Stress, a source of longevity?
Hormetic effect: the protective effects of peroxyredoxin (in green) do not increase linearly. After the oxidative stress threshold of 50 μM, the deleterious effects of this oxidative stress become superior to the protective effects.
Elife April 18, 2017
April 18, 2017
The researchers of Gilles Charvin’s team were interested in the phenomenon of acquisition of tolerance to oxidative stress in yeast. After studying the mechanism of this process, which is linked to a particular enzymatic operating mode, the study published on April 18th in the eLife magazine surprisingly reveals an increased longevity in yeasts exposed to a low dose of stress.
The physiological adaptation of organisms to changes in the environment is a central component of the Living. So-called "homeostatic" systems make it possible to maintain the internal physiological variables at a constant level despite the fluctuations of the external environment. Although they are well described at the molecular level, most of these systems show amazing but still poorly understood properties, such as the acquisition of stress tolerance for example: an organism can acquire resistance to very severe stress if it has been previously pre-exposed to a low stress dose. To better understand this phenomenon of "memory", the team of Gilles Charvin has developed a quantitative methodology to characterize with great precision the response to oxidative stress in baker's yeast.
The oxidative stress in question
The presence of oxygenated reactive compounds such as hydrogen peroxide (H2O2) is normal in the body. Harmful but naturally degraded by cellular enzymes such as peroxidases and catalases which are in charge of their regulation, these compounds can lead to a pathological situation when they exceed a certain threshold and cause an oxidative stress state. Factor of inflammation and mutagenesis, this oxidative stress is indeed considered as one of the causes of cancer.
Better tolerate oxidative stress
The study carried out by the team of Gilles Charvin first highlighted the mechanisms responsible for the phenomenon of tolerance. For this, the researchers developed a "microfluidic" system that allows to follow the successive divisions of yeast cells while exerting an absolute control of the level of oxidative stress. While "naïve" yeasts support only a relatively small dose of oxidative stress, researchers have found that yeasts, exposed to gradually increasing stress doses, can withstand stress levels up to 10 times the maximum tolerable dose in naïve condition. This resistance capacity largely depends on the time profile used to stress the cells.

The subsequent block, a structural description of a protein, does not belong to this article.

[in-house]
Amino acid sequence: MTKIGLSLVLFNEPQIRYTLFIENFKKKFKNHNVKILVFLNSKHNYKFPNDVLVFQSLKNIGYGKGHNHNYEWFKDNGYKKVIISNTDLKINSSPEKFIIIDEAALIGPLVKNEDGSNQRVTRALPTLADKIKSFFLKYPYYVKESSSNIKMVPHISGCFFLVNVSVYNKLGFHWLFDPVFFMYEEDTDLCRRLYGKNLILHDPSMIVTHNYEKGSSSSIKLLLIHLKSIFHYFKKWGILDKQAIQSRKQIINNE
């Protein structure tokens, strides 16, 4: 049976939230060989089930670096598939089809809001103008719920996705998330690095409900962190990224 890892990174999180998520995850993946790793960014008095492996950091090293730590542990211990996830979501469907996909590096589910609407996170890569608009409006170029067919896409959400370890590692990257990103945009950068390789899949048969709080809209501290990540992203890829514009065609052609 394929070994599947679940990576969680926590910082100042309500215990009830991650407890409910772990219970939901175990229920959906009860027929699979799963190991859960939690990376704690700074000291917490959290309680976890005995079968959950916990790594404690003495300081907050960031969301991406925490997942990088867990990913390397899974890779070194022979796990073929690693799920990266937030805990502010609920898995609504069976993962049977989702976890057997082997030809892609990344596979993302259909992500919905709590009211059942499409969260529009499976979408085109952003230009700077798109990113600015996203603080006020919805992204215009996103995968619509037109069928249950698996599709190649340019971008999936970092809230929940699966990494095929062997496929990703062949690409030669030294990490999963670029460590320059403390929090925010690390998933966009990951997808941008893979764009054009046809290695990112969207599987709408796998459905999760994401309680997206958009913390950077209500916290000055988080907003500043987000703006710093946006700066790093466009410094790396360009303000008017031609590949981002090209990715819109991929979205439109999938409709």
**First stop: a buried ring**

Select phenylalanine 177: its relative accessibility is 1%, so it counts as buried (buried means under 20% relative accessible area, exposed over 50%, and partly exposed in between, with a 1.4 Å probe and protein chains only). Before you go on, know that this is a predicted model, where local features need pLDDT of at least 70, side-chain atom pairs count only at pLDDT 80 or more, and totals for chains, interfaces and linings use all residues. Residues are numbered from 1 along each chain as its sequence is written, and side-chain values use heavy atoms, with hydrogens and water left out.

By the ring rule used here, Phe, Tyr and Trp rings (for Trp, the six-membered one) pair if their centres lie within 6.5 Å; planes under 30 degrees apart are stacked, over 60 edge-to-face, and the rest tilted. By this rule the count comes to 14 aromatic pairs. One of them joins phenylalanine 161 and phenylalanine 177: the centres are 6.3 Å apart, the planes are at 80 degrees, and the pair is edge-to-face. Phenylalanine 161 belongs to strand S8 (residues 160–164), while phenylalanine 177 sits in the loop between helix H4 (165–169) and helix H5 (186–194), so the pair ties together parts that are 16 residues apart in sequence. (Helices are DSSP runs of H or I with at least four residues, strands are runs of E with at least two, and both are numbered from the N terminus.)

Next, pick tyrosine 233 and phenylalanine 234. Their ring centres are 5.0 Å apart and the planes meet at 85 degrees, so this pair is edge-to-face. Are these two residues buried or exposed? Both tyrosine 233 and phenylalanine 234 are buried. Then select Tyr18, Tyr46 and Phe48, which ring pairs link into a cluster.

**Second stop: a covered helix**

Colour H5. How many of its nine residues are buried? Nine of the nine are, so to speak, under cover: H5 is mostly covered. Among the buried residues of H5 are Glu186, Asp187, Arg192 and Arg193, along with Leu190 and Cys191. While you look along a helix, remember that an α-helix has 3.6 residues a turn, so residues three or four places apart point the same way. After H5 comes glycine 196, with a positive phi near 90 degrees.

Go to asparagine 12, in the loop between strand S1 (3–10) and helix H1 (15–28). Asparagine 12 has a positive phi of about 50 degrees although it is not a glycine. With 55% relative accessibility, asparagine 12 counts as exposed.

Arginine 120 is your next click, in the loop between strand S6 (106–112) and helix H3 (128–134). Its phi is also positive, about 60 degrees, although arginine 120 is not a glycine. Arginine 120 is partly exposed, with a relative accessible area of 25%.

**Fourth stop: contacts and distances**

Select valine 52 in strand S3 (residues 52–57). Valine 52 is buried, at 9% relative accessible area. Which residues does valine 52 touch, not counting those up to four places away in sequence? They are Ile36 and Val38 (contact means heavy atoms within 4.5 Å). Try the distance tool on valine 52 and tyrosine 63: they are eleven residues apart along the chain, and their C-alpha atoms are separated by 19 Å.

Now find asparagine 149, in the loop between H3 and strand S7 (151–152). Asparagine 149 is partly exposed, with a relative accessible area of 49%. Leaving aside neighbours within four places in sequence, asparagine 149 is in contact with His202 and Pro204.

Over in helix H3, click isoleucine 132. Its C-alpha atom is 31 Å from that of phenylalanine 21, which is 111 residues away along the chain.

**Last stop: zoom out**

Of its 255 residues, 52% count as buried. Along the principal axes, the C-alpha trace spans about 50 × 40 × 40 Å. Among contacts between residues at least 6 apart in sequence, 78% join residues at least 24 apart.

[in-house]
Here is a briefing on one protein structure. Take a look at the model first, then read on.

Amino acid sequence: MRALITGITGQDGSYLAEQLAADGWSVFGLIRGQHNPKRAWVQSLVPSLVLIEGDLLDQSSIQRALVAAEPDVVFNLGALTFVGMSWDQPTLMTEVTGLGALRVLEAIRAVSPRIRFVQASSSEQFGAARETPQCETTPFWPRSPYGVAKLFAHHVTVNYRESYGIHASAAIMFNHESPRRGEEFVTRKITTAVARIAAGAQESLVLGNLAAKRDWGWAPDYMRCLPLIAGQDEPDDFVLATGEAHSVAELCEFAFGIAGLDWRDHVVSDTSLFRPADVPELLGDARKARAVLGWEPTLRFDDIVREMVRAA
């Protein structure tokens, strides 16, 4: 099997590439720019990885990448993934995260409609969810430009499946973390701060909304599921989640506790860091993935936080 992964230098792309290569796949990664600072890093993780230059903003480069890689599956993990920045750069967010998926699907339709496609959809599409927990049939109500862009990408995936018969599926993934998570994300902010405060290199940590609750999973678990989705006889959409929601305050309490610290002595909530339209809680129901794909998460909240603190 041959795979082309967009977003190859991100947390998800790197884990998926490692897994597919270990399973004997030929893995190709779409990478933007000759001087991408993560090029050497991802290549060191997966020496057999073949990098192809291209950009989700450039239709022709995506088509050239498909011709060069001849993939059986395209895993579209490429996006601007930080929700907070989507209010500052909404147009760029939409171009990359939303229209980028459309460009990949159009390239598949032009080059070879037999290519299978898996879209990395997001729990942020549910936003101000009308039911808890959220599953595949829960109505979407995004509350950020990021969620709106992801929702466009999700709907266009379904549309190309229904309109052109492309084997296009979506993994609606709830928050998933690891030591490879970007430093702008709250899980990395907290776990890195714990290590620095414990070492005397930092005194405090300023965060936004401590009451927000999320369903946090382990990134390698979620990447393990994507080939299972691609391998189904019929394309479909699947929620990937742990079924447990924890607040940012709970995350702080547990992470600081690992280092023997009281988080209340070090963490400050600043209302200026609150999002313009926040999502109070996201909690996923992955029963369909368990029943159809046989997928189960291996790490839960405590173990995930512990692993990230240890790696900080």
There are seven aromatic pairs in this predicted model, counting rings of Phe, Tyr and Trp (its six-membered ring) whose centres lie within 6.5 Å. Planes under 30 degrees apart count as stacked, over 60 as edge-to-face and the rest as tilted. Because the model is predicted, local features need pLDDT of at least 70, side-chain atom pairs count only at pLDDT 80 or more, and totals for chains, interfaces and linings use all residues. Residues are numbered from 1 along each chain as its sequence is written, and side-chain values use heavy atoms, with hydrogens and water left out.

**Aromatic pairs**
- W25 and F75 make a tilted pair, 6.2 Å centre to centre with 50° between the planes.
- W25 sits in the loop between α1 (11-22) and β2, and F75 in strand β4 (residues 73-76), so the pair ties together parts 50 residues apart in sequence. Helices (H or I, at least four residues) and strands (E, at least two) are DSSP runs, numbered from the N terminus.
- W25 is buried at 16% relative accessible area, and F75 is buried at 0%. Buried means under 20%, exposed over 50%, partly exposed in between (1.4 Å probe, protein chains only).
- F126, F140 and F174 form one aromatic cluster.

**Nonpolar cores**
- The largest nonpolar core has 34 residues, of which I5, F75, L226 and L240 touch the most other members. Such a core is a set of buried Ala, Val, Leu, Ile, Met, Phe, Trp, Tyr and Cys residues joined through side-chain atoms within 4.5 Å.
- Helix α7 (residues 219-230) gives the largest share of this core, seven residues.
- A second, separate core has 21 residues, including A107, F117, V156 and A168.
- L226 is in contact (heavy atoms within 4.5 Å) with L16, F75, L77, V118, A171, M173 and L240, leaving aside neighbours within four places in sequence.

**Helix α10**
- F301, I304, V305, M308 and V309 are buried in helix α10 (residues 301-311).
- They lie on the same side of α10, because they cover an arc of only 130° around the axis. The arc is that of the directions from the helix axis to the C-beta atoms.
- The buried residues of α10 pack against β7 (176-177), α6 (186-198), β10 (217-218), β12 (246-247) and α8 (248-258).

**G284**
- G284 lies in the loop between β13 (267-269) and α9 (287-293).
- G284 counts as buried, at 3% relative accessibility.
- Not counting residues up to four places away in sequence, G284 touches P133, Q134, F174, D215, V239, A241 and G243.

After finding that a single enzyme, peroxiredoxin, was necessary and sufficient for this phenomenon, the researchers showed that this process is explained by a non-linear activation of this enzyme in response to increasing external stresses: Concentration of internal stress at equilibrium, as well as enzyme concentration, do not increase proportionally to the level of external stress. This suggests that the stress response system becomes more and more effective as the stress level increases. It is thanks to this non-linear mechanism that pre-treated cells acquire a tolerance to a subsequent severe stress.
At the molecular level, this unusual mechanism is explained by a rare configuration in the organism: peroxiredoxin is indeed an enzyme more abundant than its substrate (H2O2) and is therefore never saturated. As a result, as shown by a mathematical model proposed by researchers, the degradation rate of hydrogen peroxide varies quadratically with the level of external stress, and not linearly as expected for a classical enzymatic mechanism.
Beyond the phenomenon of tolerance, these experiments reveal a striking increase in longevity in cells exposed to a small dose of oxidative stress. The peroxiredoxin produced in the case of stress thus has the effect of increasing the lifetime of the cells, compared to untreated cells. However, from a certain threshold, this effect would be overcome by the negative effects of oxidative stress. Understanding these mechanisms and their mathematical modeling would help to better understand this so-called "hormetic" effect also observed in other physiological phenomena such as caloric restriction, and for which low-dose stress can be beneficial.
This study therefore provides a completely new point de view on the effects of oxidative stress on cell physiology and above all provides a formal framework to better understand the emergence of non-intuitive phenomena influencing stress resistance and aging.